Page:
• Institutions and Eligible investors in a mutual fund have to undergo a ‘Know Your Customer’ procedure prescribed by SEBI to be eligible for investing in mutual funds.
  • KYC is done once at the time of the first mutual fund transaction or any other capital market transaction. KYC is valid across mutual funds and other capital market intermediaries.
  • The KYC procedure may be conducted by an AMC or any other authorized entity. It involves collecting information about the investor in the specified format and conducting an In-Person Verification (IPV) to verify identity, address and other personal information.

Purchase Transactions

  • Investing in a New Fund Offer (NFO): Units of a mutual fund are first available for investing when the scheme is launched in a New Fund Offer (NFO). These units are issued for first time, hence they are at face value. The application form for the NFO is available along with a document called the Key Information Memorandum (KIM). KIM provides the important information about the scheme and procedures for investing. The NFO will be open for a period of 15 days during which the investor has to make the application. Payment for the units can be made only through cheque and online payment facilities like NEFT and RTGS. A folio is created for each investor under which the investor’s personal information such as name, status, address, PAN, bank account details and investment information is captured. The units will be allotted to investors within 5 days of the NFO period coming to an end. The account statement giving details of the units allotted will be sent to the investor.
  • Investing in the Continuous Offer: In an open ended fund, units are sold after the NFO period. It is called continuous offer. Investors can buy units at any time and not just during a specific period. The price of units in the continuous offer depends on the NAV of the fund, and is declared for every business day. New investors use the application form to invest in a fund on continuous offer. Existing investors invest using a transaction slip which requires only the folio number to be provided to identify the investor, apart from the investment details. Investors submit the completed application form or transaction slip and the payment instrument at an Official Point of Acceptance (OPoA). This could be the office of the AMC or an Investor Service Centre (ISC). Information on units allotted is communicated to the investor through a Statement of Account (SoA).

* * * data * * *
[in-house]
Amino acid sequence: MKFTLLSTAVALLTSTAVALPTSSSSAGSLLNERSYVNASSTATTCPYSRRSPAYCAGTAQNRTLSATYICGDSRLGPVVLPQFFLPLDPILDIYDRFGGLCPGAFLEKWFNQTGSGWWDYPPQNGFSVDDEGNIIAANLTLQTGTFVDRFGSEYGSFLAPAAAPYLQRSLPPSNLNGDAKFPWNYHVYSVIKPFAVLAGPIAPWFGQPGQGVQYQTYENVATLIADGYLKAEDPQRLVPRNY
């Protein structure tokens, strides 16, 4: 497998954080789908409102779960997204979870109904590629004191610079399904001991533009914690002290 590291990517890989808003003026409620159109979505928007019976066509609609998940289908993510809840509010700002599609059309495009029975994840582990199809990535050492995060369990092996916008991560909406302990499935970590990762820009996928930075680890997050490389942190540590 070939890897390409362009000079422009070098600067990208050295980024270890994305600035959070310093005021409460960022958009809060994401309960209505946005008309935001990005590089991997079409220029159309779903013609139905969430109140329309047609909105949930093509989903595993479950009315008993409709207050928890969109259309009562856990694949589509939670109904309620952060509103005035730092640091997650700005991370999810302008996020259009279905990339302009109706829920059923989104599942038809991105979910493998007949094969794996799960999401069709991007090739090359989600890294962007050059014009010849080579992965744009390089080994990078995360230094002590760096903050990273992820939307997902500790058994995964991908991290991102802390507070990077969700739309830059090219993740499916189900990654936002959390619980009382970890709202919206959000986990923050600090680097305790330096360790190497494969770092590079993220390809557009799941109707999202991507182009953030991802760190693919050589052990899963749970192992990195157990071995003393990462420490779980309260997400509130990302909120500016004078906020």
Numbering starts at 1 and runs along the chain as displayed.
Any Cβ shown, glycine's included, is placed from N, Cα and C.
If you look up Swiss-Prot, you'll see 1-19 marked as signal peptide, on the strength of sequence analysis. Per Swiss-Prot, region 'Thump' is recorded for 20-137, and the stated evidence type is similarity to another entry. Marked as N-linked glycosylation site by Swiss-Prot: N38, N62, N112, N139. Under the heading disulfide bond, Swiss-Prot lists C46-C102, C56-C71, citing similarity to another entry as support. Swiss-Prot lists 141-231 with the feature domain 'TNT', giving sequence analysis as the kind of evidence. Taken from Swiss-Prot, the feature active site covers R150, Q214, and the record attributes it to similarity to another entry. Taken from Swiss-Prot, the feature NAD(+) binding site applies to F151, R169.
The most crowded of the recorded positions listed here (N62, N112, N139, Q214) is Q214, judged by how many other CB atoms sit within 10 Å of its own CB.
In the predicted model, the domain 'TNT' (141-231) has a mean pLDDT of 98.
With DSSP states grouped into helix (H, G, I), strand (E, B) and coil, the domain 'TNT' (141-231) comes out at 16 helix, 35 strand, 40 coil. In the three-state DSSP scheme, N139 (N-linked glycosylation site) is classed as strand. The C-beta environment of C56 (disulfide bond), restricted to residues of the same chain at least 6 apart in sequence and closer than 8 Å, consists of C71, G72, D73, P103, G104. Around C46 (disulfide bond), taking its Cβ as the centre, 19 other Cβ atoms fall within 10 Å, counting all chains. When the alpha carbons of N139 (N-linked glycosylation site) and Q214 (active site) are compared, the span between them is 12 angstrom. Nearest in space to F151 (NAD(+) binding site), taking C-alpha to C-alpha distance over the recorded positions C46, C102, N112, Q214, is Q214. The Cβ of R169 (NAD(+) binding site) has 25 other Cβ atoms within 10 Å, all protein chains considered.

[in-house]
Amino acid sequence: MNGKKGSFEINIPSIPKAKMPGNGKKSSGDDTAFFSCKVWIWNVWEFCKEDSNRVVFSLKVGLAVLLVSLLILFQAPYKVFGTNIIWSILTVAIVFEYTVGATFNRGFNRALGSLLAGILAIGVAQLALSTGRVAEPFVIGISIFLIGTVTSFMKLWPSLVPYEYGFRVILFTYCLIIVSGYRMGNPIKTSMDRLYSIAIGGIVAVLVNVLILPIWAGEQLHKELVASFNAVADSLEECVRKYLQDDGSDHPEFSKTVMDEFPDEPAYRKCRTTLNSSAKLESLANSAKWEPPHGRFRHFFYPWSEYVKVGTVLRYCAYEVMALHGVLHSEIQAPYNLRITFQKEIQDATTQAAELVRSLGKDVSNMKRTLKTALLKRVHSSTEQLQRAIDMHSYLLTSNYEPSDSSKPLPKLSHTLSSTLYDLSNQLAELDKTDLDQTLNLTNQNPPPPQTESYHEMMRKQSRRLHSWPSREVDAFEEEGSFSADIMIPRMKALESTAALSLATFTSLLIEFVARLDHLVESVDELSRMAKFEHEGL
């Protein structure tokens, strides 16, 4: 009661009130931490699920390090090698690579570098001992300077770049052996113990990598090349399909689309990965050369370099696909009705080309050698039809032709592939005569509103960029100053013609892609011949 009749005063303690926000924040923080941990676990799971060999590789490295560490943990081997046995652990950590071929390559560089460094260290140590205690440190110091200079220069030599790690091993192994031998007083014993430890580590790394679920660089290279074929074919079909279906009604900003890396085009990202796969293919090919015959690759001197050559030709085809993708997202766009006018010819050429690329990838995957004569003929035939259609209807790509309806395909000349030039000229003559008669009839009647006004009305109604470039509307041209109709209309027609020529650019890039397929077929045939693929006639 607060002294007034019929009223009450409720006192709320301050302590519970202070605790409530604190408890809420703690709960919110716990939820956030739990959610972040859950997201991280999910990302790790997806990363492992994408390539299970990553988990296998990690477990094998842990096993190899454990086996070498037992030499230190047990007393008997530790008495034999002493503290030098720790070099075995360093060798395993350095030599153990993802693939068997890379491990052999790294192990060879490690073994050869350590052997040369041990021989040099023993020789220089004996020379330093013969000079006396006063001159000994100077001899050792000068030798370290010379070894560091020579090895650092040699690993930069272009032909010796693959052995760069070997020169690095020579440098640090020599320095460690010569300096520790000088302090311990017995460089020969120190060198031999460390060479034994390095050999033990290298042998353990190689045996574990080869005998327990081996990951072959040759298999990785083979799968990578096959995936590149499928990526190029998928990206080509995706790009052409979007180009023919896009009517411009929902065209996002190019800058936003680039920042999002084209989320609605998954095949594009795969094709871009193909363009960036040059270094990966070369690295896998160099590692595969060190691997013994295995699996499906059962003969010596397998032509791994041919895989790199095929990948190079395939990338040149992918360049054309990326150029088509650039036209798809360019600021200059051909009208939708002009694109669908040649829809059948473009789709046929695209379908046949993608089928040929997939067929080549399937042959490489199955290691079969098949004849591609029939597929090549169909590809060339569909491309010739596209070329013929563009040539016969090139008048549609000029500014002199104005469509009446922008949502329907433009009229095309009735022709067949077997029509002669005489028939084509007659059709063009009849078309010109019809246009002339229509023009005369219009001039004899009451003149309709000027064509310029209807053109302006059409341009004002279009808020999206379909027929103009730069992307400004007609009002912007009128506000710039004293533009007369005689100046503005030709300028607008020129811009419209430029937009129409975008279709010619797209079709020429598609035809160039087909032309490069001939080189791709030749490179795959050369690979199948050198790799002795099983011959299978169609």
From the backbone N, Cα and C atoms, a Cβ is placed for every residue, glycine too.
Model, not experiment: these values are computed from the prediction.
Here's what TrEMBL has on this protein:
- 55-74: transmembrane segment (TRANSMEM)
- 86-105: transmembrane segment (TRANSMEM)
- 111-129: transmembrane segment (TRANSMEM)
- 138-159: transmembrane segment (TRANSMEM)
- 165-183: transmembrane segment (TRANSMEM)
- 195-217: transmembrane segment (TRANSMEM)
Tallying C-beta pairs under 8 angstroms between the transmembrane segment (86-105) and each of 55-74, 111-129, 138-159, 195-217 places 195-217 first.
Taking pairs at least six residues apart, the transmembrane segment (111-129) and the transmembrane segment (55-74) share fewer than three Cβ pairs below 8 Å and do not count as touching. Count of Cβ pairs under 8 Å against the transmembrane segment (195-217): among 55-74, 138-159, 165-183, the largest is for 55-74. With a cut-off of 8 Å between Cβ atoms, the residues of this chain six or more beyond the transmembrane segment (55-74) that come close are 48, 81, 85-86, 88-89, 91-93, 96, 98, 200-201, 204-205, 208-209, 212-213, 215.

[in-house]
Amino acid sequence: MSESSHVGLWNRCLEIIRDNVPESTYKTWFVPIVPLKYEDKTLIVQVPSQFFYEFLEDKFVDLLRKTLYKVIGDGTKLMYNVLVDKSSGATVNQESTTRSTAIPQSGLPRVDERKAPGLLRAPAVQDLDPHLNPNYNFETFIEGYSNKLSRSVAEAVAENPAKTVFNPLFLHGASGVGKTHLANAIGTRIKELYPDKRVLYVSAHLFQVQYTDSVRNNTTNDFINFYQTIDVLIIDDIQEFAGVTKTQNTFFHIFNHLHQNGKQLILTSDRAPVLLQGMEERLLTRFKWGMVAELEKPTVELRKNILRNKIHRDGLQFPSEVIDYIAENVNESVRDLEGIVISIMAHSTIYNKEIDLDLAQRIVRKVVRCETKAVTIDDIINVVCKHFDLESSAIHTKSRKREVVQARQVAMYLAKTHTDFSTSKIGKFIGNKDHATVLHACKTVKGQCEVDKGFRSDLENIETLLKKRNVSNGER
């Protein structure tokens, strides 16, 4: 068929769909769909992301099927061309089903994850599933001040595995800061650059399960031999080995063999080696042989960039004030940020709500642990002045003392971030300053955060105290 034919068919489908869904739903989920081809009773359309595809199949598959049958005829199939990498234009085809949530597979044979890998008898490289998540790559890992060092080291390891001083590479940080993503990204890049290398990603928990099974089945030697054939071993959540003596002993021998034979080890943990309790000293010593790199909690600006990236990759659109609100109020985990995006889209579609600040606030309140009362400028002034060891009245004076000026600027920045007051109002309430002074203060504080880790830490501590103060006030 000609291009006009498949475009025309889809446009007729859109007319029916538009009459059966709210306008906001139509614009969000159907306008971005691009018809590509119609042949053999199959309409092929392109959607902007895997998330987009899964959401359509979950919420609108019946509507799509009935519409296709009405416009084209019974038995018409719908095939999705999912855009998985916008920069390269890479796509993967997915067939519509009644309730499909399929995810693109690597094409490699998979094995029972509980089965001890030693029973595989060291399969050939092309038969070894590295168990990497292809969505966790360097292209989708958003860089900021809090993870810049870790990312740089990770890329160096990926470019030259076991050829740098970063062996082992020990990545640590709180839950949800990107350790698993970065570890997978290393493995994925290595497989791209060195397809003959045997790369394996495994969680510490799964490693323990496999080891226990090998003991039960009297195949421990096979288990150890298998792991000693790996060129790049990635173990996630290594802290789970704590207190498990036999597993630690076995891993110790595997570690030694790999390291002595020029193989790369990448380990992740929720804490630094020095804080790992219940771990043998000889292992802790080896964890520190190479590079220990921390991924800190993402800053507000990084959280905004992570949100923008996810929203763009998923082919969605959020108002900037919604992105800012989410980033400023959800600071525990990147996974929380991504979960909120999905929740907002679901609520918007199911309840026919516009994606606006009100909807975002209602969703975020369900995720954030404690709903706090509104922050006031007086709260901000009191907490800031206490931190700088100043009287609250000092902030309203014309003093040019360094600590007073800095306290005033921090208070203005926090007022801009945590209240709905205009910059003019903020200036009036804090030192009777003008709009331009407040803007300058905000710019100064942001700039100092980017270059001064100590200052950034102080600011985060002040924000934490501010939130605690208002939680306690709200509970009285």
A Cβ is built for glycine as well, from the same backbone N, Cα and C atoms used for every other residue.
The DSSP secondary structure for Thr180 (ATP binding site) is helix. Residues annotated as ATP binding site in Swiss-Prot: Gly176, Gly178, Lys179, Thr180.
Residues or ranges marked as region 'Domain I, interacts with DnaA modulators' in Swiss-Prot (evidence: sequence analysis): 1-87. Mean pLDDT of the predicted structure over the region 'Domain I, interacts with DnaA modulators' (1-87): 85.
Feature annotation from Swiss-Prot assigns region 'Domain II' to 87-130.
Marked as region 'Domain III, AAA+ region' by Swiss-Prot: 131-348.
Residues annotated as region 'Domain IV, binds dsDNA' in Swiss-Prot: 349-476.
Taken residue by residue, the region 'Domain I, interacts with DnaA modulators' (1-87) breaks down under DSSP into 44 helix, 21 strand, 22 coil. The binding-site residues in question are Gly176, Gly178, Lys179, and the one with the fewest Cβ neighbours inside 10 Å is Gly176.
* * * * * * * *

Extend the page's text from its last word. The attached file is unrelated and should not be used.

• Stock exchange channel: Both purchase and redemption/sale of units can be done using the stock exchange through the stock brokers who have obtained an AMFI Registration Number (ARN) and certified mutual fund distributors who have obtained the necessary permission from the stock exchange. The units need to be held in dematerialised form to enable transactions through this channel. Units will be credited to the investor’s demat account for any purchase and funds will be credited to their bank account for any redemption.
  • Payment Instruments: Investors can make payments for investments in mutual funds using cheques and electronic payment modes such as NEFT, REGSS. Payments must be made from a bank account whose account holder is the first holder of the mutual fund folio. Cash upto Rs. 50,000 per mutual fund house is permitted as payment for purchases. Demand draft is accepted as payment instrument only in specific situations.

Redemptions: Redemption refers to encashing or withdrawing the investment made in a mutual fund by selling the units back to the mutual fund. Investments made in an open-ended fund can be redeemed at any time at the current applicable NAV. Units of a closed-ended fund can be redeemed only when the fund matures. Investors need to specify either amount or units at the time of redemption. The applicable NAV is adjusted for any exit loads before calculating the redemption amount. For example:

  • Units redeemed 500
  • Applicable NAV: Rs. 24
  • Exit load: 1% OF NAV = Rs. 24 x 1%= 0.24
  • Adjusted Nav= Applicable Nav – Exit load= Rs. 24 – 0.24
  • Thus Adjusted NAV= Rs. 23.76
  • Redemption Amount: 500 x Rs. 23.76 = Rs. 11880

SEBI has made it mandatory for investors to provide their bank account details. Mutual funds acquire bank details at the time of purchase. Redemptions are either made directly into the bank account, or by cheque. To avoid fraudulent encashment of redemption cheque, bank account details are pre-printed on the cheque.

Proof of Investment and Transaction:

  • Statement of Accounts: Statement of account (SoA) is the proof of the investment made by the investor in a mutual fund. On behalf of mutual funds, the R&T agents dispatch a SoA after every transaction. A consolidated SoA across mutual fund holdings is sent to the investor for each calendar month where there have been transactions in a folio. Folios where no transactions have taken place during a six-month period will receive a statement at the end of such six-month period. A SoA is sent when an investor makes a fresh purchase transaction. The amount, price, and units are shown in the statement. For subsequent transactions, apart from these details, the balance units in the folio and their current market value are also shown.